MANHATTAN, Kan. – Kansas State University’s Plant Genetics Materials Release Committee met July 27, 2016, where they approved the release for three new hard red winter wheat varieties.
Foundation seed for KS060143K-2, KS060106M-11 and KS12H56-6-4, better known as Larry, Zenda and Tatanka, will be distributed to Certified seed producers this fall, and Certified seed is expected to be available for farmers in the fall of 2017.
Larry has good resistance to stripe and stem rust as well as soil borne mosaic virus. It also has good acid soil tolerance but is moderately susceptible to leaf rust. This medium to medium-early maturity variety has shown good yield potential across south central to southwest Kansas and into north central Oklahoma.
Zenda will be an excellent choice for farmers to plant after corn in the eastern half of Kansas. It is a medium-early maturity, and has Everest making up half of its pedigree. Zenda has good resistance to stem rust, moderate resistance to stripe and leaf rust, good acid soil tolerance and soil borne mosaic virus resistance. It will carry a similar level of resistance to fusarium head blight as Everest, but not as good of tolerance to barley yellow dwarf.
Tatanka is a medium to medium-late maturity variety and is best adapted for western Kansas. It has a good disease and drought package and will be a strong performer for farmers in this area. Tatanka has shown good resistance to stripe and stem rust as well as moderate resistance to leaf rust. It is also resistant to soil borne mosaic virus which may allow it to come east into central Kansas. It is not recommended for irrigated acres, due to its below average straw strength.
The Kansas Wheat Alliance is able to fund the research and development of new wheat varieties like Larry, Zenda and Tatanka through the royalty collected on the sales of K-State wheat varieties. These royalties provide funding to K-State wheat breeders and their research teams to improve yield and quality.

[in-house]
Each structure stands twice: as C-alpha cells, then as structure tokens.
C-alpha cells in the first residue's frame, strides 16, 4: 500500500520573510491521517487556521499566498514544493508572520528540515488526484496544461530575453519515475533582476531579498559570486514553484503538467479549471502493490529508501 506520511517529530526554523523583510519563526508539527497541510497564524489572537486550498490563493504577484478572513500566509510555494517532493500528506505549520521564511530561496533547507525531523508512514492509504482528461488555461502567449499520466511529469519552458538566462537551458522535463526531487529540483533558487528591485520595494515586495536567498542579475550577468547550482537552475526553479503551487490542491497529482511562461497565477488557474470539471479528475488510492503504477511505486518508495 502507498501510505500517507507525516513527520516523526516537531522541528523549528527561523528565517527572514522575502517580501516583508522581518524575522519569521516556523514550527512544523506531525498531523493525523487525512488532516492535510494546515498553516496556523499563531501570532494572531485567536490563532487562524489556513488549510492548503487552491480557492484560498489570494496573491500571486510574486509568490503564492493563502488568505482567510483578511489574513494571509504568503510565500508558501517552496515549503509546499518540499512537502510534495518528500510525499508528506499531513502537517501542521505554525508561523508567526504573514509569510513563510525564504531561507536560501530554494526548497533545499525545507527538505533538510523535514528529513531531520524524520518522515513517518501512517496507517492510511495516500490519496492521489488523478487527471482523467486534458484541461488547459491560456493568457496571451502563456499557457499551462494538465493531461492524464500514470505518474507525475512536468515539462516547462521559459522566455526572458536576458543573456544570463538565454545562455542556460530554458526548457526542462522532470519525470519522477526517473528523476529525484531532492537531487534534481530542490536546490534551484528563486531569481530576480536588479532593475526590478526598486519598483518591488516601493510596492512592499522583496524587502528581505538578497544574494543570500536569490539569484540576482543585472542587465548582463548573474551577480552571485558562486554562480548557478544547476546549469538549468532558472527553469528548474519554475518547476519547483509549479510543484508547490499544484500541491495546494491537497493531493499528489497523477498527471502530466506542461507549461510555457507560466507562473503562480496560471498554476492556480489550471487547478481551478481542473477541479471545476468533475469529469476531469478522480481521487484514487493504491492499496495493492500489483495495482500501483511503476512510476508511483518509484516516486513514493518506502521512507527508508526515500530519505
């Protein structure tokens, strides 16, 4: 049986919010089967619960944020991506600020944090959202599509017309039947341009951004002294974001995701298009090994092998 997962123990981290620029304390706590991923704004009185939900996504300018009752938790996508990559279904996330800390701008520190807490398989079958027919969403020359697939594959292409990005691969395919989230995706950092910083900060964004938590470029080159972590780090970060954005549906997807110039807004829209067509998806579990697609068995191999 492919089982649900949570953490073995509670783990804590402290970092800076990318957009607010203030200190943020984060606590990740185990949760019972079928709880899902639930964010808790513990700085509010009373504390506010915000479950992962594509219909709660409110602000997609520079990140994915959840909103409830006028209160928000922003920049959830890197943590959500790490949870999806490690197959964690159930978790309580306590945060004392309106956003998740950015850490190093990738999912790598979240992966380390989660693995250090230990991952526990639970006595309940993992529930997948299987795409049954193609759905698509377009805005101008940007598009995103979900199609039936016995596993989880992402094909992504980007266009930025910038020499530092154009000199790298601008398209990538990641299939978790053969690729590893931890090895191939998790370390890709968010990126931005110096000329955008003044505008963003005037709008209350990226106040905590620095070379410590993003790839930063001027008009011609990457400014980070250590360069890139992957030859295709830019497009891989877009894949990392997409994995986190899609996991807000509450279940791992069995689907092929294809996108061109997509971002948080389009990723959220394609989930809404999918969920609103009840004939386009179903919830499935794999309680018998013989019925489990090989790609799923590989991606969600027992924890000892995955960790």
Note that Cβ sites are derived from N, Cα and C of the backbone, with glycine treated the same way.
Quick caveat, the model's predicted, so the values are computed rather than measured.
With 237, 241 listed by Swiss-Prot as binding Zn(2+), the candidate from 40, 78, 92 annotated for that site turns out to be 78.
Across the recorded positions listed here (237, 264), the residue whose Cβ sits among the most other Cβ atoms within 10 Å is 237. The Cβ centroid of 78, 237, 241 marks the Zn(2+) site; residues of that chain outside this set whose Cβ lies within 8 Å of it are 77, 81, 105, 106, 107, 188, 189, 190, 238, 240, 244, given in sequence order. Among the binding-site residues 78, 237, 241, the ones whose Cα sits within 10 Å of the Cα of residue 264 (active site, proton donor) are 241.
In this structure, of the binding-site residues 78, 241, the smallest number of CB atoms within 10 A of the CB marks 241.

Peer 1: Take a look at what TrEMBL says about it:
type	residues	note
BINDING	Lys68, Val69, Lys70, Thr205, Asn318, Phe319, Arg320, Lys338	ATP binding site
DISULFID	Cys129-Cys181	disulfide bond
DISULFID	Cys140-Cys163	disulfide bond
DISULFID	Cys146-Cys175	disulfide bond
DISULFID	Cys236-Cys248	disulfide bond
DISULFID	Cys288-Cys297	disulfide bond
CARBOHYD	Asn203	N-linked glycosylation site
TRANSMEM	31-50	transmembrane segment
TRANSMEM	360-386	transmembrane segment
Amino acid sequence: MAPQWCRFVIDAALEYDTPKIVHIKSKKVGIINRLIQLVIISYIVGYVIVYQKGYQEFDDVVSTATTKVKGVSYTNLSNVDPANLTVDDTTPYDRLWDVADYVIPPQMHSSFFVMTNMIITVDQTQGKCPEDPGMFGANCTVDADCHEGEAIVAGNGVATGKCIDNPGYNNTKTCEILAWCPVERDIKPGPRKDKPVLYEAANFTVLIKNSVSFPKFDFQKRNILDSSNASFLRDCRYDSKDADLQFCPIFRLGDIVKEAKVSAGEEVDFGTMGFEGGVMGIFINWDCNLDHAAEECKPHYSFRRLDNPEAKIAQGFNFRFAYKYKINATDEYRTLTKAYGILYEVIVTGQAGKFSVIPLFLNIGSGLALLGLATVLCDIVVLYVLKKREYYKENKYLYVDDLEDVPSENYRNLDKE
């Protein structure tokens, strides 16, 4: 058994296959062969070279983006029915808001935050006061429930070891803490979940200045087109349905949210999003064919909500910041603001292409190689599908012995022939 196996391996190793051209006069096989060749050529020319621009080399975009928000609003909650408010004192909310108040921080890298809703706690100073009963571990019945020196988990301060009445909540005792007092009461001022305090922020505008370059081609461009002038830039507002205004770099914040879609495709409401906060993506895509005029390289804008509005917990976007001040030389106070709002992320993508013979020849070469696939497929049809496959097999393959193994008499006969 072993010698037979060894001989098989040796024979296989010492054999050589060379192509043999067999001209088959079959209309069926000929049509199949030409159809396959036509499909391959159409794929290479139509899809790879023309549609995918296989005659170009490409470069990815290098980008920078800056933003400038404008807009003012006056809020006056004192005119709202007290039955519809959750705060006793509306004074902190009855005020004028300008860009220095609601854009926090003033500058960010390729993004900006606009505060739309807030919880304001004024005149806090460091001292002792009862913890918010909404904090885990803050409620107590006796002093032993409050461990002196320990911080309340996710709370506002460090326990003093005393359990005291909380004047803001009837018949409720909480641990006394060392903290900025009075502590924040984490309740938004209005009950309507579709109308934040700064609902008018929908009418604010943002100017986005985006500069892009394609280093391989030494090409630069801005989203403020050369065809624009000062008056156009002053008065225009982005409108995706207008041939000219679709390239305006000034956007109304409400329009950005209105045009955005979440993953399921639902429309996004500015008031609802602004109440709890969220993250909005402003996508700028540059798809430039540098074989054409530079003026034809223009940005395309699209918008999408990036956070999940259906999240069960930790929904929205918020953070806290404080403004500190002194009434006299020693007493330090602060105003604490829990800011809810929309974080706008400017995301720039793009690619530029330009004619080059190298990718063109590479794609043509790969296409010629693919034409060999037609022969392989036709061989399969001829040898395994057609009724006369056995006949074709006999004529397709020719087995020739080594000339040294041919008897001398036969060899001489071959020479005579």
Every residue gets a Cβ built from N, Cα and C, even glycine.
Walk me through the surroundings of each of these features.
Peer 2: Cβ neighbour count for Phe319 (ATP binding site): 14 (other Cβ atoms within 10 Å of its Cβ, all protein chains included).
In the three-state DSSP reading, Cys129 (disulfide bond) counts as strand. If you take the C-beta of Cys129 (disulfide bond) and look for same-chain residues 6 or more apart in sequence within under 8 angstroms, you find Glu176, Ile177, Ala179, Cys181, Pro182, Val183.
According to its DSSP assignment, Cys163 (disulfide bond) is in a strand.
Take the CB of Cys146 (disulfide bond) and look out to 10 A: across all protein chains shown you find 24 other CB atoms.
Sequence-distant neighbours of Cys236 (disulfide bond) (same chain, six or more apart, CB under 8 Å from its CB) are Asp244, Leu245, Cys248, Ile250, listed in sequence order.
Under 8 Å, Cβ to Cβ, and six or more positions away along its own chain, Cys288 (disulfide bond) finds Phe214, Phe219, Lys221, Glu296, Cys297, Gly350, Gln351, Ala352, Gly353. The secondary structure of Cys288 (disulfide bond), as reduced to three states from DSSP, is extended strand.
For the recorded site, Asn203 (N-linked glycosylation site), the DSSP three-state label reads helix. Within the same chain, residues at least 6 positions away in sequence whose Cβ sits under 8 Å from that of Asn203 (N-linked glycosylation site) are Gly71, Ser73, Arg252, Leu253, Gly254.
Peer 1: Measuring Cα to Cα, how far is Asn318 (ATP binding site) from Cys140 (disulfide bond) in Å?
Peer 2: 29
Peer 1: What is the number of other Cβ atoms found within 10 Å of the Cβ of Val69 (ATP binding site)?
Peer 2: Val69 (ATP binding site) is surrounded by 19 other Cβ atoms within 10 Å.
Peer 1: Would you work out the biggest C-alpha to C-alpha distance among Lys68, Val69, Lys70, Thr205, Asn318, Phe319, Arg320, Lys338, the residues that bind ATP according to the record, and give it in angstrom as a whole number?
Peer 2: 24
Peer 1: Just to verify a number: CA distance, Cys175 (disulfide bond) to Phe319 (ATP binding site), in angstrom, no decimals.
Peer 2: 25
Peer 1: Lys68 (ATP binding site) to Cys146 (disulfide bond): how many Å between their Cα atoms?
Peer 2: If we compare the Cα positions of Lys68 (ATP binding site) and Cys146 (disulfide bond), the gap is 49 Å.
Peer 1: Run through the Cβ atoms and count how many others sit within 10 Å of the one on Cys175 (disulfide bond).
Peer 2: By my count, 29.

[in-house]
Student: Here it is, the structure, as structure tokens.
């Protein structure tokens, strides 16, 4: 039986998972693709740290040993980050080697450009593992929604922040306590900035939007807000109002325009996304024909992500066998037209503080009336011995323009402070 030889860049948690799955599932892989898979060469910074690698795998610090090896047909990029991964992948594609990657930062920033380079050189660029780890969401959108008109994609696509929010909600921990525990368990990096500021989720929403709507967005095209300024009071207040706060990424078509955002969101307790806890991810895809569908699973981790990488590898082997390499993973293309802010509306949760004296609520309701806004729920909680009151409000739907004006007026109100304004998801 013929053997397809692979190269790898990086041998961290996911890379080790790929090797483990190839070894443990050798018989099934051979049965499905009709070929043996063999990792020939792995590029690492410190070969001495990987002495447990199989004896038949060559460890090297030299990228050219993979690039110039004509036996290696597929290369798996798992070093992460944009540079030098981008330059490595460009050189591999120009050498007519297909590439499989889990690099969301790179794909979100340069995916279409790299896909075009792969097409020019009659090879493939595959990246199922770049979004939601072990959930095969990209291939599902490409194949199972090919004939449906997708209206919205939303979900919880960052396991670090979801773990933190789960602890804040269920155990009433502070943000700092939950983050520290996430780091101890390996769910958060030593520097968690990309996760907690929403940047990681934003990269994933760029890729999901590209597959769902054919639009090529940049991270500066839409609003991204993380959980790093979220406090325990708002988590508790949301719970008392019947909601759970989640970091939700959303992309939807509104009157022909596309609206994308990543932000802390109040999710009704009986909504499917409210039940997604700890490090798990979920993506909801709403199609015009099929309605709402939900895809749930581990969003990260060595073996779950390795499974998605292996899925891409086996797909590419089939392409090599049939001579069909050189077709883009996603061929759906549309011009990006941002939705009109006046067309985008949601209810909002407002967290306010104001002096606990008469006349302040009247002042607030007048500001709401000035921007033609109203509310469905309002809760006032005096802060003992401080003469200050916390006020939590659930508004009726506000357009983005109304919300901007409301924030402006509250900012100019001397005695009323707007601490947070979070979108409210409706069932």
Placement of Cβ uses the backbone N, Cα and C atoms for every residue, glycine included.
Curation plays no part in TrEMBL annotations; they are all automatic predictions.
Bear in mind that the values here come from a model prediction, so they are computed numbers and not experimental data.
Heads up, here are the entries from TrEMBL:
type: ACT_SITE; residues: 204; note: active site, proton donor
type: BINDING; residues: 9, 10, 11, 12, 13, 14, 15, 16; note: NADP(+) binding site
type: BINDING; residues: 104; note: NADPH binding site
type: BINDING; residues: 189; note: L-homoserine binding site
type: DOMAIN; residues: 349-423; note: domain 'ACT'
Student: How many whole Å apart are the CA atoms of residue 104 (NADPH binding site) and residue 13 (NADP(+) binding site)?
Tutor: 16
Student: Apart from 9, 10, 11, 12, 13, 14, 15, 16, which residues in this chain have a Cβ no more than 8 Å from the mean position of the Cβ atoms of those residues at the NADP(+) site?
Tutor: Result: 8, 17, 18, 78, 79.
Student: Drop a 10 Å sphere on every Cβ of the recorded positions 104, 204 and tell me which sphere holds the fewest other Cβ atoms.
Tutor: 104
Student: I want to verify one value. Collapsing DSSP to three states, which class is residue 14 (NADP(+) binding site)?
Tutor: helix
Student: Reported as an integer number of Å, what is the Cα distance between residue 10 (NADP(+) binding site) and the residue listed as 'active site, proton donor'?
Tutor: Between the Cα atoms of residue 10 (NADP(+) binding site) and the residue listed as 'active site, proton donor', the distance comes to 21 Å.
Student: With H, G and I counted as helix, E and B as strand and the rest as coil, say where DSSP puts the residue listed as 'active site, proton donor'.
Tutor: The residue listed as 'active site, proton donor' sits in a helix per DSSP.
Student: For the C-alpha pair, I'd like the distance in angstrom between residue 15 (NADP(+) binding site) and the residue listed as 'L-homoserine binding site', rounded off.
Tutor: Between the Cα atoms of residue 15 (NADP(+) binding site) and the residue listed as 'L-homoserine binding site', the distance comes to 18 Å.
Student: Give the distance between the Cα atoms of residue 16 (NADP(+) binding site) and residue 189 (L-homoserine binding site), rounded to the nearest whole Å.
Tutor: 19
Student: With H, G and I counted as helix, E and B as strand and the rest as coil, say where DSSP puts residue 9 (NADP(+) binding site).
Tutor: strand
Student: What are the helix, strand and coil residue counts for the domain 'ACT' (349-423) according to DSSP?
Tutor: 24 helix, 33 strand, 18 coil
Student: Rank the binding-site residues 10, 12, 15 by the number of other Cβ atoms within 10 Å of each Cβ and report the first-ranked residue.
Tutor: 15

“Every time a farmer buys Certified seed they are investing in their future. As a non-profit organization, Kansas Wheat Alliance ensures that a high percentage of the royalties go back into wheat research and variety development,” said Daryl Strouts, Kansas Wheat Alliance President.
Wheat breeders spend years developing new varieties. In addition to these three new varieties which are now approved for release, K-State has several other experimental varieties that may be ready for release in upcoming years.
“These royalty dollars aren’t going to big corporations or a foreign country. They are staying here to ensure Kansas producers continue to have access to the best wheat genetics,” said Strouts.
The Kansas Wheat Alliance is a not-for-profit organization formed by wheat producers, researchers, and seed marketers with the goal of maximizing value for wheat farmers by promoting responsible management of new wheat varieties developed by Kansas State University and other wheat-breeding programs. Royalties are used to support wheat research that enhances the profitability of wheat producers.
By Alex Lessard